(Topic ID: 252099)

1959 Williams Woodrail backglass mounting


By dgAmpGuy

23 days ago



Topic Stats

  • 13 posts
  • 5 Pinsiders participating
  • Latest reply 7 days ago by o-din
  • No one calls this topic a favorite

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Pre Restoration Light Box View Left Side (resized).JPG
Pre Restoration Front Lightbox and Back glass (resized).JPG
Tic Tac Toe Backbox (resized).JPG

#1 23 days ago

I am working on a 1959 Williams Tic Tac Toe. This is my first Woodrail. I figured out how to get the back box panel to unlatch and pivot down so that I could work the bulbs and sockets. I found it odd that there doesn’t seem to be anything holding the backglass in the frame, so it starts to pivot with the panel. I ended up using painters tape to hold the glass from the front, but it seems like there should be a better way.

Any suggestions? Is something missing? Are you supposed to slide the glass out while you’re working there?

Thanks,
Dave

#2 23 days ago

I believe there is a slot in the bottom of the head that the glass sits in. Oh..if you ever have to remove the glass, you must remove the hinge.

#3 21 days ago

Normally would be a couple brackets at the top. Any sign of them having been removed? The glass only goes into the slot when being removed.

#4 20 days ago

I’ll look more closely for signs of the slot and brackets. It did look like the glass had been touched up at one point so perhaps they were left off. I was not successful at finding detailed pictures of what the inside of the backbox should look like.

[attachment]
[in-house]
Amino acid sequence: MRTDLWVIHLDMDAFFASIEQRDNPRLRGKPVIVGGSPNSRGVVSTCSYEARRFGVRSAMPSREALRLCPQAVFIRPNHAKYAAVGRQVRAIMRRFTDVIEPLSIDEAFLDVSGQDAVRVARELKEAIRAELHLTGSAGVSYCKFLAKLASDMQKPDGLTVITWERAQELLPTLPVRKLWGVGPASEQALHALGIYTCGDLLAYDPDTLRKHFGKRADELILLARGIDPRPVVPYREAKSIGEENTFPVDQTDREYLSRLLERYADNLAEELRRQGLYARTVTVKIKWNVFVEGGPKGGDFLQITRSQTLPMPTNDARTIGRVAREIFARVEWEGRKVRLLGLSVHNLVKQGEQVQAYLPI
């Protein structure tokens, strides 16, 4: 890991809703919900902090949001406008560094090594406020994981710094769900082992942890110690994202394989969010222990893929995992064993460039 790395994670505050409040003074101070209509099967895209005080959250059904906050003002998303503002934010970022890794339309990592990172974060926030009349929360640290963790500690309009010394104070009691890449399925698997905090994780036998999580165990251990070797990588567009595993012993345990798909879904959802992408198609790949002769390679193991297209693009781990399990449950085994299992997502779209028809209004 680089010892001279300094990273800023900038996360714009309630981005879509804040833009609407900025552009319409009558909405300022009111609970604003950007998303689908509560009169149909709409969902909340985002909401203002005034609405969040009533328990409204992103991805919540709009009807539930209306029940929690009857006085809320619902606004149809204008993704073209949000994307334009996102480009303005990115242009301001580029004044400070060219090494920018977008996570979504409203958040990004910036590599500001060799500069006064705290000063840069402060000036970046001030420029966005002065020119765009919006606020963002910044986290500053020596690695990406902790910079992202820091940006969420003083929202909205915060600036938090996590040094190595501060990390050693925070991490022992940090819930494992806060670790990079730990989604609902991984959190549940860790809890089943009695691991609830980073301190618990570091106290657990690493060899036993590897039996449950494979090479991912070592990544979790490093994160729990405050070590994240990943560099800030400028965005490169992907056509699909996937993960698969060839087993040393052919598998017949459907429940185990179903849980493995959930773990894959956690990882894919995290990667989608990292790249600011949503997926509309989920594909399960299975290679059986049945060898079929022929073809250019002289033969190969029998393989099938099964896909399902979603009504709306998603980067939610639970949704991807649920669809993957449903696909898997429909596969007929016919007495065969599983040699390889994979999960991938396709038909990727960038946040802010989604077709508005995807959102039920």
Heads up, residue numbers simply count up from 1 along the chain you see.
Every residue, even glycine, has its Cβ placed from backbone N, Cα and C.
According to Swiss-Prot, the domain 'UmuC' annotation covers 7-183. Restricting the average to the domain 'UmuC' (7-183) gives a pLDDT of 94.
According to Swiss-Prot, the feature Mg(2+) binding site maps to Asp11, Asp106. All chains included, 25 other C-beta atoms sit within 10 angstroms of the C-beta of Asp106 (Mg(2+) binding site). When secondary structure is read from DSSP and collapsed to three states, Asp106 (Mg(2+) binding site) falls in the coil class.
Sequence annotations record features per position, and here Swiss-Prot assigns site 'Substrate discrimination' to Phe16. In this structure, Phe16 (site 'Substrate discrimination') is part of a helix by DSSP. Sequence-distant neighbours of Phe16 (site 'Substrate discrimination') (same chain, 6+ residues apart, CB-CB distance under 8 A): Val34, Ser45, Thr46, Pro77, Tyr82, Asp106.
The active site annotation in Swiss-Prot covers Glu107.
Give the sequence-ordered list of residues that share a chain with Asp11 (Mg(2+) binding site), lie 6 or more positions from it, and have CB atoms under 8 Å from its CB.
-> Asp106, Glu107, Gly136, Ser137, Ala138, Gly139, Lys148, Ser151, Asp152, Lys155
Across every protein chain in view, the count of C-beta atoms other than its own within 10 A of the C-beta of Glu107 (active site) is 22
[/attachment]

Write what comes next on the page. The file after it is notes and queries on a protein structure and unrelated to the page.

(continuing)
Thanks!

1 week later
#5 8 days ago

Just to follow up, no sign of any removed brackets or a slot for the glass. I’ll post pictures of what I’ve got soon.

#6 8 days ago
Quoted from dgAmpGuy:

I am working on a 1959 Williams Tic Tac Toe.... Are you supposed to slide the glass out while you’re working there?
Thanks,
Dave

Dave,

I looked at my Pre-restore Pic's from my Williams 1960 Nags and it seems to be similar to the 59 Tic Tac Toe. There is a slot at the top of the box to remove the glass and a metal retaining bolt on the inside top to keep it from falling out, I believe.

DSC03287 (resized).JPGPre Restoration Front Lightbox and Back glass (resized).JPGPre Restoration Light Box View Left Side (resized).JPGTic Tac Toe Backbox (resized).JPG
#7 8 days ago

Here is a pic of my 1957 Arrow Head. My 1959 Rocket is the same.

The game should be sitting on the ground slightly leaning forward so the glass does not fall back when you lower the light panel. Light panel should be removed when taking out the glass and that light panel retainer moved out of the way.

DSCN6442 (resized).JPG
#8 7 days ago
Quoted from o-din:

Here is a pic of my 1957 Arrow Head. My 1959 Rocket is the same.
The game should be sitting on the ground slightly leaning forward so the glass does not fall back when you lower the light panel. Light panel should be removed when taking out the glass and that light panel retainer moved out of the way.[quoted image]

That’s exactly the support method that’s in my backbox - the spring arm. Whacked my finger one of the times I closed the light panel up again.